2. bombastic bob Silver badge

                Re: "Where does Putin nuke that wouldn't actually hasten his own end?"

                There is a very real possibility that he will use nuclear weapons not to save himself, but to take everyone else with him.

                This is why Russia (i.e. the people themselves) needs to make Putin go away. It could very well be their own survival at stake.

                Apparently Putin is already rounding up protesters, but the protests continue. But protests are not enough. I'm surprised if Putin's generals aren't waiting for the right time for a coup d'état, or something very very similar.

          1. lglethal Silver badge

            Re: "NOW is your time to shine!"

            Considering that South Ossetia and Transnistria are not Russian territory - merely Russian recognised "States", but which are not internationally recognised as such, then it would merely be Georgia reclaiming it's own land from rebels. Same with Moldova.

            OK the Kuril Islands are actually Russian territory, but then that was just me being fanciful, Japan has a defence force which is categorically forbidden to make war except in defence, so that was never going to happen. The various Stan's realigning borders though, if any of them are particularly pissed about any specific border, then I could see now being a good time to forcefully start conversations about realigning those borders, Moscow is a little more distracted and a lot less able to do anything about a unilateral movement in those areas...

          2. DS999 Silver badge

            I don't see that happening

            You're assuming Russian generals would obey a Putin order to launch a nuke, and the poor kid in a silo or mobile launch vehicle would obey such an order from a general. I'm not saying they definitely would or would not disobey such an order, but Putin would have to worry about what happens either way.

            If the order was obeyed he's a mass murderer who will be everyone's kill list and forced to spend whatever remains of his life in hiding - and anyone willing to be around him after that would know they are certain to become collateral damage when he's taken out via drone strike or worse if he ever leaves the Kremlin's basement. If he's in his palace outside of town instead where civilian casualties and damage to Russian heritage would not be a concern you bring down the entire structure and bury him alive.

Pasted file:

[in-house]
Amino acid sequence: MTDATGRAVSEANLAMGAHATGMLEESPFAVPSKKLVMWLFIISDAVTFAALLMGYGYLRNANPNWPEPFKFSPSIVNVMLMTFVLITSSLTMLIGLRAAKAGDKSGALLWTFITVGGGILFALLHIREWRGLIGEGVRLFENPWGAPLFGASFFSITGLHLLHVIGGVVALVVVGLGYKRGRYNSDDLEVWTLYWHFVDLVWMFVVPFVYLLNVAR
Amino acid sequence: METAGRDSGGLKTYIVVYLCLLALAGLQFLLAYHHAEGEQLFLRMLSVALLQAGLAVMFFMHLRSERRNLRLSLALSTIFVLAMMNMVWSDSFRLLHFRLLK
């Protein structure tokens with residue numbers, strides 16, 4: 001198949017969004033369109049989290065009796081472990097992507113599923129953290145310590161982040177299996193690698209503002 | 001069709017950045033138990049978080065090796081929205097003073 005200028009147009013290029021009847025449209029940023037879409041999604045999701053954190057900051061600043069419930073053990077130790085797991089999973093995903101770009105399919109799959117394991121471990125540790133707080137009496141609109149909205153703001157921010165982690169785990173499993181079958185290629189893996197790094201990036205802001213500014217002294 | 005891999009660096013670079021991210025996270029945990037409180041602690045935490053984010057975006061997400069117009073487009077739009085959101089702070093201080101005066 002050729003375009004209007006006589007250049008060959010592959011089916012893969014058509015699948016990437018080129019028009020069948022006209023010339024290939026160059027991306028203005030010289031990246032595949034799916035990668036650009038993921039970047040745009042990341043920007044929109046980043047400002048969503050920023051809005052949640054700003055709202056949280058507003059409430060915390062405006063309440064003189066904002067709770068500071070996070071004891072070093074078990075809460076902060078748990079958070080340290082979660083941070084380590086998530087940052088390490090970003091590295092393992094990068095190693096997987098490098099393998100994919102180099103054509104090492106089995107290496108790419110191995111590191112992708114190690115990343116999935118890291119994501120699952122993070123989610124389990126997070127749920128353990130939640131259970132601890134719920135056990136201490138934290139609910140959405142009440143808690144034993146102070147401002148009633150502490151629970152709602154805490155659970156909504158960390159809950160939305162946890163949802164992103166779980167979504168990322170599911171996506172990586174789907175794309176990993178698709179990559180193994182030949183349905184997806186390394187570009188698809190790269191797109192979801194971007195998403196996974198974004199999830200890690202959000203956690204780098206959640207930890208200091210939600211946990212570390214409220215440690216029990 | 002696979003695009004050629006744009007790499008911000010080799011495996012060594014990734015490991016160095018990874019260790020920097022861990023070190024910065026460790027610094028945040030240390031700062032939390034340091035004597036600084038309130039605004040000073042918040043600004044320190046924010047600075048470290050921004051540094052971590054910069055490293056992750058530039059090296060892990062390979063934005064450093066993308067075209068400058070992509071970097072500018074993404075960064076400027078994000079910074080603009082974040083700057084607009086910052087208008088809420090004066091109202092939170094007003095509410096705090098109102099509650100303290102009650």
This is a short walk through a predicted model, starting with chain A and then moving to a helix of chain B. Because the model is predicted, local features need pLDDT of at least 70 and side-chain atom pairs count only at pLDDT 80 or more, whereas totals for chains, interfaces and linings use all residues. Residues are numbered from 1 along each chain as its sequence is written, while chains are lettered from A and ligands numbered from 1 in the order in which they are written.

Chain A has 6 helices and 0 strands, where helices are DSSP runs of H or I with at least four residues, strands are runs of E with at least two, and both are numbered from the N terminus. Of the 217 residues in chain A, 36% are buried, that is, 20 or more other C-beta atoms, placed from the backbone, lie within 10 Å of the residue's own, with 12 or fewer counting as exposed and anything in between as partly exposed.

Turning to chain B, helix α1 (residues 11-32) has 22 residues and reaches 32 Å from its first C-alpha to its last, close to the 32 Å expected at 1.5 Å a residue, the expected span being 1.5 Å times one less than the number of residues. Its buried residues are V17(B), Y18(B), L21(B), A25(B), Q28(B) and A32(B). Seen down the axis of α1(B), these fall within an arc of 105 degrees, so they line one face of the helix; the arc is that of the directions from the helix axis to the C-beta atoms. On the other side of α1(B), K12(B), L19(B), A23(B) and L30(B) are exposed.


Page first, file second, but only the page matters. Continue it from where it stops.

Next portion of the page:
If the order was not obeyed he's on the kill list for enough patriotic generals and enough of those around him who decide he's an imminent danger to the Russian nation and its people and must be killed even at the risk of their own life in case he's obeyed next time.

            1. mcswell

              Re: I don't see that happening

              Putin's nuclear threats, and his questionable stability, have gotten me thinking. What country in its right mind entrusts the launching of nuclear weapons to one person? And that goes for the US, too. Trump was bad, but I don't think he was that nuts. But that doesn't mean some future president might not be.

              Maybe it's time to bring back the Roman experiment, the Triumvirate. It takes three people's decision to launch nukes. The full Triumvirate need not be given much power beyond that, but they should have at least that, and each member should have their own personal security force and their own chain of succession.

              And at least Russia, US and China should put this in place, for their own security and peace (pun intended) of mind; and preferably all nuclear nations should. Since we already have a tripartite division of powers in the US, the Triumvirate could be the President, either the Majority Leader or the President pro tempore of the Senate, and the Chief Justice of the Supreme Court.